In Kulm in 1813, the Lifeguard Uhlans fought valiantly: 14 of their officers were killed and wounded, their commander was knocked off his horse. In Leipzig in 1813 they pushed back French cuirassiers who earlier broke Lifeguard Hussars and Lifeguard Dragoons. In 1814 in Sommepy the uhlans broke French cavalry, captured several hundreds of prisoners and a battery. The ulans also fought at Fère Champenoise and Paris. They distinguished themselves at Fère Champenoise. The Lifeguard Uhlan Regiment was awarded with 22 St. George trumpets for campaign of 1814.
It was arguably the best Russian lance-armed unit.

Lifeguard Hussar Regiment
Russian name: Leib-gvardii Gusarskii Polk

Chef: General of Cavalry Petr H. Wittgenstein
Commander: 1808 - Oct 1813 General-Major (in Aug 1813 GL) Ivan E. Shevich

In 1775 was formed a single squadron of guard hussars by taking the best troopers from the existing tvelve hussar regiments. This squadron accompanied the empress during solemn occassions and served as her escort. Tsar Paul ordered to increase its strength from one to four squadrons and in 1796 entire regiment was formed.
Their uniform was copied from that of the Prussian hussars of Frederick the Great and their squadrons were given silver trumpets. The Lifeguard Hussars were the ultimate in flamboyance, for parade their officers wore leopard pelts. Dancing, drinking and romancing were the highlights of their life in the capital. The sight of the guard hussar in his parade dress could reverse the flow of the blood in woman's veins. Company commander, Denis Davidov, with 2 crosses for bravery around his neck and 2 other decorations on his chest, mentions how his head "was kept in a spin" after being on leave and enjoying Moscow's pleasures. (Davydov - "In the Service of the Tsar against Napoleon: the memoirs of Denis Davidov, 1806-1814" 1999, p 69)
Austerlitz was their very first appearance on the battlefield and the French Guard Cavalry routed them. In 1806-1807 the Lifeguard Hussars fought in Heilsberg and Friedland. For the entire campaign they were awarded with 112 crosses. (Benkendorf - "Kratkaya Istoriya Leib-Gvardii Gusarskogo Ego Velichestva Polka" 1879)
Before the Battle of Ostrovno in 1812, two squadrons of Lifeguard Hussars acted as the rear guard of the retreating Russian corps. They routed French 8th Hussars but during the pursuit the 16th Chasseurs strucked them in the flank. The Russians were routed and as a result a Russian horse battery and 150 prisoners were captured. Meshetich, who participated in this fight, gave other version of these events in “Istoricheskie zapiski.” He wrote that the 2 squadrons noticed French advance posts in a wood and rushed forward but were met by fire from dismounted chasseurs deployed on both sides of the road. Behind the wood stood mass of French cavalry, which soon advanced and threw the Lifeguard Hussars back. The horse battery led by Kardyba was away from the hussars but lost half of its 12 guns.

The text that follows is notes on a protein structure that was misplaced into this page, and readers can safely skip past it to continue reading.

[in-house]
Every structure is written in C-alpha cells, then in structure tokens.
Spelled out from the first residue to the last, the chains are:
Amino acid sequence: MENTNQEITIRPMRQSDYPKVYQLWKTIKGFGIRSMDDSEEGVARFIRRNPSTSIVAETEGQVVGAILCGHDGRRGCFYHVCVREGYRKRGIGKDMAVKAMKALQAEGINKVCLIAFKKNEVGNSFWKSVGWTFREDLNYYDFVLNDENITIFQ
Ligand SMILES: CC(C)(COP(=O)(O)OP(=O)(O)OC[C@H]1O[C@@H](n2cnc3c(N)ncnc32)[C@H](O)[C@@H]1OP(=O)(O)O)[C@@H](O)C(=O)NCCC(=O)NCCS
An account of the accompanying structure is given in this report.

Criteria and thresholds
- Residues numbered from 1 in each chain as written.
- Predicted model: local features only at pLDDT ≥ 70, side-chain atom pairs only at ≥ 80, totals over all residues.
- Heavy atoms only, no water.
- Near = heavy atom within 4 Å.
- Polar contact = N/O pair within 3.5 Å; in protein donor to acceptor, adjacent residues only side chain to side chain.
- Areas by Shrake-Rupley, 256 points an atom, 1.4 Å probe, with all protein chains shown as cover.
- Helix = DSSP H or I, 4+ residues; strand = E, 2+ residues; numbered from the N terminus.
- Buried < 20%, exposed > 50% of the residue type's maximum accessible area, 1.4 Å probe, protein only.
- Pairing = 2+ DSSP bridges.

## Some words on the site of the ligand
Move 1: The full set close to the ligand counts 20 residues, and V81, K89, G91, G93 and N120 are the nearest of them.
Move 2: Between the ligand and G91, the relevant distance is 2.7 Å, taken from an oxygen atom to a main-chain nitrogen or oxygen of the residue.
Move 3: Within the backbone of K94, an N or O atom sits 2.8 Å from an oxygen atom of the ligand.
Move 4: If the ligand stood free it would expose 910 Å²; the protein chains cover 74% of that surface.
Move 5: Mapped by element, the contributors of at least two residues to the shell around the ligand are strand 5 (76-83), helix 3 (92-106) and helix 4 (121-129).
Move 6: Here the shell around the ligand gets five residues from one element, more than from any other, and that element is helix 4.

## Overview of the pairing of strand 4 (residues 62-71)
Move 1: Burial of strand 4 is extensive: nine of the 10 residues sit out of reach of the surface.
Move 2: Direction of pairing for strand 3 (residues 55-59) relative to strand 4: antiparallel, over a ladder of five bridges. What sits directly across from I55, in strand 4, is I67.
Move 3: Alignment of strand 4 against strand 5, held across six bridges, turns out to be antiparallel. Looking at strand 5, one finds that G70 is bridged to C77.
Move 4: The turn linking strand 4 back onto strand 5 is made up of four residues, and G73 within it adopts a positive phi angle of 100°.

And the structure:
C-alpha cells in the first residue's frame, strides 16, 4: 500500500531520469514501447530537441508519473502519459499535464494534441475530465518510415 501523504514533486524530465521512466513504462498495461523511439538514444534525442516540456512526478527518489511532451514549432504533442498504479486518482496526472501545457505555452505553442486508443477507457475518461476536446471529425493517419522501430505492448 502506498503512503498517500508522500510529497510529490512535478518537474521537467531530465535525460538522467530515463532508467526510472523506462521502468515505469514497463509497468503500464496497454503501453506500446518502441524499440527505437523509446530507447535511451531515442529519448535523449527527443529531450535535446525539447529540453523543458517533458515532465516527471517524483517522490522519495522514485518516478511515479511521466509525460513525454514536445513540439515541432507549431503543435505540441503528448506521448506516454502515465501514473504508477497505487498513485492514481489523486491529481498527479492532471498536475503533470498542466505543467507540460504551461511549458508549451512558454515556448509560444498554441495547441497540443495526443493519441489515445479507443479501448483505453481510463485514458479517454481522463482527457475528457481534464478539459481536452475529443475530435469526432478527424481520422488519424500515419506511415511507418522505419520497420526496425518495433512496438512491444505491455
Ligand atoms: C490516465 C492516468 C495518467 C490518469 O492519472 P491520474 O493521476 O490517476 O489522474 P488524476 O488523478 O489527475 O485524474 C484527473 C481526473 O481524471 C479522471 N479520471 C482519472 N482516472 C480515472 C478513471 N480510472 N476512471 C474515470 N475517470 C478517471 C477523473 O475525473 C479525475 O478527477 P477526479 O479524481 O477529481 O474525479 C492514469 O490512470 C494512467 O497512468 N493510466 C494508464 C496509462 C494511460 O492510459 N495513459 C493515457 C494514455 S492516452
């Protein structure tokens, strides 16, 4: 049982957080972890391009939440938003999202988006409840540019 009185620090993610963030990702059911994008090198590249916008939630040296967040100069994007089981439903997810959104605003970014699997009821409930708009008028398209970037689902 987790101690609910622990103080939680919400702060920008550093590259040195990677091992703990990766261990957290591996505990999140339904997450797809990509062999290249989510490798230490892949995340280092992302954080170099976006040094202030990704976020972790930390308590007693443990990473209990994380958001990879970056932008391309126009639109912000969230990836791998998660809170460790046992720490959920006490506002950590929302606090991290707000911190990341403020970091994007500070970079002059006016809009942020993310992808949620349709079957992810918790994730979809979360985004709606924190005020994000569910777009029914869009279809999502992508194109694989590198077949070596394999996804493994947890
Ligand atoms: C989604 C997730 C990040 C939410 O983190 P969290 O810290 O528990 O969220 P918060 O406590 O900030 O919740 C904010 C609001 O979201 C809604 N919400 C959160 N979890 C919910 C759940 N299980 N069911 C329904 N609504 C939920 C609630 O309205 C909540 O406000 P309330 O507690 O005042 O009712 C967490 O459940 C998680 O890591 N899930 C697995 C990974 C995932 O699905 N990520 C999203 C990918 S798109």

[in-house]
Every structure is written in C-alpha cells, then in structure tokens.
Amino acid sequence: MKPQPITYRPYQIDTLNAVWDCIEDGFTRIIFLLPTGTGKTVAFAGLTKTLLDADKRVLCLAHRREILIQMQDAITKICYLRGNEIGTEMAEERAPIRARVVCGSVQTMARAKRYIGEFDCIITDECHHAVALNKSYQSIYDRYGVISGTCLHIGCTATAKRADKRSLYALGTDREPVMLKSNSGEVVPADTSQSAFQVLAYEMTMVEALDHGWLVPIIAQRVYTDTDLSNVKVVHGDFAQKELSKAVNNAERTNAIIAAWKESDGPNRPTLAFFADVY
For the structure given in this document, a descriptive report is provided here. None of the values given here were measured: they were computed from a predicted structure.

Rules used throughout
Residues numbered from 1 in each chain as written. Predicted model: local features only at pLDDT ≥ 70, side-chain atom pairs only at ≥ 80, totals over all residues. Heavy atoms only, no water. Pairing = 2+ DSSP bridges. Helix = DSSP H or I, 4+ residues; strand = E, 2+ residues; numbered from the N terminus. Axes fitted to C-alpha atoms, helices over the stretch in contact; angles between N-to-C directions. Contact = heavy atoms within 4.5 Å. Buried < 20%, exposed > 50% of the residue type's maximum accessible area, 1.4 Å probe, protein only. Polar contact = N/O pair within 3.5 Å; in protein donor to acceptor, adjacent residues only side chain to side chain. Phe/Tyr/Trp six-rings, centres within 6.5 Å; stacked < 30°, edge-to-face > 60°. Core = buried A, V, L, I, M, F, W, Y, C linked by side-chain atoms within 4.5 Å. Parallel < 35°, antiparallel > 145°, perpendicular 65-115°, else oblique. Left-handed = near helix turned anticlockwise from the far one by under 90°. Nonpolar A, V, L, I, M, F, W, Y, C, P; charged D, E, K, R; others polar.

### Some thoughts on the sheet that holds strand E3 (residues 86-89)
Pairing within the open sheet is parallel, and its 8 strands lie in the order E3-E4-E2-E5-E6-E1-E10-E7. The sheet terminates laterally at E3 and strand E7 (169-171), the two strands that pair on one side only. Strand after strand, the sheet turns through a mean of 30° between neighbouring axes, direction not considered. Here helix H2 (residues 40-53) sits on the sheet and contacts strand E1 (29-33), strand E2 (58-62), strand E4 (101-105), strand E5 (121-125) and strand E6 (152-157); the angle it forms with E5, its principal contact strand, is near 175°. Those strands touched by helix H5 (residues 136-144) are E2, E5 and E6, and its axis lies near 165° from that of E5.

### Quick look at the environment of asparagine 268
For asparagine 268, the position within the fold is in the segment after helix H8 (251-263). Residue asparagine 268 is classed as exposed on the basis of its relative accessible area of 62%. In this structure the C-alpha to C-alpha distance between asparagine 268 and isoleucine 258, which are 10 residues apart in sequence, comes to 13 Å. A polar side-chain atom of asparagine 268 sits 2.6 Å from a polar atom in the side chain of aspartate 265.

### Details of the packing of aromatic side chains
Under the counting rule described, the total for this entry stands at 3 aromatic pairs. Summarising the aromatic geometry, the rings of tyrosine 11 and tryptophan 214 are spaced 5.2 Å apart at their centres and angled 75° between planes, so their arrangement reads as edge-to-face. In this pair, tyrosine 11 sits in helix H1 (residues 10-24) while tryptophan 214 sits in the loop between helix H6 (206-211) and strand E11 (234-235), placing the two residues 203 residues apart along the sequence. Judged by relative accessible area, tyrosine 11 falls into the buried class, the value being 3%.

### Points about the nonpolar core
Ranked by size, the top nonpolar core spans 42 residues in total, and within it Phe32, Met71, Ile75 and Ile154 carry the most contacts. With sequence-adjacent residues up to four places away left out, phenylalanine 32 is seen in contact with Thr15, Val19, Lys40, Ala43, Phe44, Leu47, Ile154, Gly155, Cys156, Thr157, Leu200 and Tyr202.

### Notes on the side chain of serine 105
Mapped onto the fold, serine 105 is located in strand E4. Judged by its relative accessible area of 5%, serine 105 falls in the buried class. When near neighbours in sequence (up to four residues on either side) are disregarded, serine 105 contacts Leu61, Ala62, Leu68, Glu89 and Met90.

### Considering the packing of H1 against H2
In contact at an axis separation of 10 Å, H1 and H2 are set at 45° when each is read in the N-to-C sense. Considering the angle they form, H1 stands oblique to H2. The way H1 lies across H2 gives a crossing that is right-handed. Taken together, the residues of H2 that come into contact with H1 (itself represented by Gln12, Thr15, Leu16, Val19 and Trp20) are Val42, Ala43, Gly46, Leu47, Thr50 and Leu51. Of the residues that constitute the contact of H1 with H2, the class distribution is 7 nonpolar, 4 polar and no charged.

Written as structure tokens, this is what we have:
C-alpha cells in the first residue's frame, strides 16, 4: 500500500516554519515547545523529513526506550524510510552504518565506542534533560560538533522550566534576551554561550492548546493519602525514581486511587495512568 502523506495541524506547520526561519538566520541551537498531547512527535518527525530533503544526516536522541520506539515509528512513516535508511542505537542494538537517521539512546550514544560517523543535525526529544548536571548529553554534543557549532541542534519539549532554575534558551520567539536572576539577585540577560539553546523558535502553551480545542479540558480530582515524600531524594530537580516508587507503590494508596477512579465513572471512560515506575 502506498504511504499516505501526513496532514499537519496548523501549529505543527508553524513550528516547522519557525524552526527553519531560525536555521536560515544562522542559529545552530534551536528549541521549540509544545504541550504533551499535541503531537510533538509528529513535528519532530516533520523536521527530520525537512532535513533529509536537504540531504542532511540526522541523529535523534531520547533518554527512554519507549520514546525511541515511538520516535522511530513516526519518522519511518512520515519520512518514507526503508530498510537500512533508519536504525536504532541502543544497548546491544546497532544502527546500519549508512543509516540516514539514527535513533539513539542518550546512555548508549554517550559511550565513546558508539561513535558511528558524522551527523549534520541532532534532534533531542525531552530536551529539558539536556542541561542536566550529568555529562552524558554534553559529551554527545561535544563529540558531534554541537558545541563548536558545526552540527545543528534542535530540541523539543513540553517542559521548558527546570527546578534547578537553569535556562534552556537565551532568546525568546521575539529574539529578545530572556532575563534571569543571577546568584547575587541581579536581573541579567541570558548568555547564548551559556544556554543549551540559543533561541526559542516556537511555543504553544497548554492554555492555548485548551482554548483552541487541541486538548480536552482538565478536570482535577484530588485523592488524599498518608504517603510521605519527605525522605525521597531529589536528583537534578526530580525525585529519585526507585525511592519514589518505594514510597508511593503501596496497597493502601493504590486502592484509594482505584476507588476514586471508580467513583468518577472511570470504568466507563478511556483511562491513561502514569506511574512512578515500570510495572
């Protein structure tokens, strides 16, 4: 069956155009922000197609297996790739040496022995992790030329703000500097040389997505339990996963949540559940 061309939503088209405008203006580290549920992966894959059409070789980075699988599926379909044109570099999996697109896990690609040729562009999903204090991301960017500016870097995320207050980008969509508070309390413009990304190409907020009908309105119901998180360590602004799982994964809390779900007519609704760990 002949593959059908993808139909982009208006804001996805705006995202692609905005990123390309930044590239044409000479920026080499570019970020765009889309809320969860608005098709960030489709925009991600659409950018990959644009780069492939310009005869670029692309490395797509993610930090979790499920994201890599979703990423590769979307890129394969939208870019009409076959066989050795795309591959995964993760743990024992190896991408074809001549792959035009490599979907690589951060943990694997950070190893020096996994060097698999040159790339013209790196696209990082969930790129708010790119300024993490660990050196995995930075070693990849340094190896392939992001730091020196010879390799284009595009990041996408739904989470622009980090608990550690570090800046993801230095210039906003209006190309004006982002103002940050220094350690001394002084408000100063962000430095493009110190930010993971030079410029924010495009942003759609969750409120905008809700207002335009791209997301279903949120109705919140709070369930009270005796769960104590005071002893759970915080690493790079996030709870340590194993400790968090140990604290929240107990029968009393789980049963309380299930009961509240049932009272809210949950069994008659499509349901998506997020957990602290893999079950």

In Borodino the Lifeguard Hussars attacked the square of 84th Line Infantry but without horse artillery and success. They fought very well in Vinkowo against French cuirassiers, and at Tarutino and Krasne where they captured enemy's battery. In 1813 they fought with distinction in Lutzen, Bautzen and Leipzig. In Leipzig they were crushed by French cuirassiers despite a ferocious resistance and sacrifice of their officers. In April they were awarded with St. George standards for the entire campaign. In 1814 they fought at Fère Champenoise.

Lifeguard Uhlan Regiment
Russian name: Leib-gvardii Konno-Yegierskii Polk

Chef: General-Lieutenant Prince Vasilchikov
Commander: General-Major Potapov

This regiment was raised in Spring 1814 in ... Paris. It immediately became one of the favorite units of the monarch.

Uniforms of Guard cavalry in 1805-09.
Pictures by Viskovatov, Russia.

Left: officer of Guard Cavalry Regiment 1804-07,
Right: officer of Lifeguard Hussars 1802-09,

Uniforms of Guard cavalry in 1812-15.
Pictures by Andre Jouineau, France.

Chevalier 1812, by Jouineau Lifeguard Horse 1812, by Jouineau
Left: private of Guard Cavalry Regiment (Chevaliers Garde) 1812
Right: private of Lifeguard Horse (Garde du Corps) 1812

Left: private of Lifeguard Uhlans 1812
Center: private of Lifeguard Dragoons 1812
Right: Lifeguard Hussars 1812


Guard Artillery

Left: Guard foot gunner. Picture by Andre Jouineau.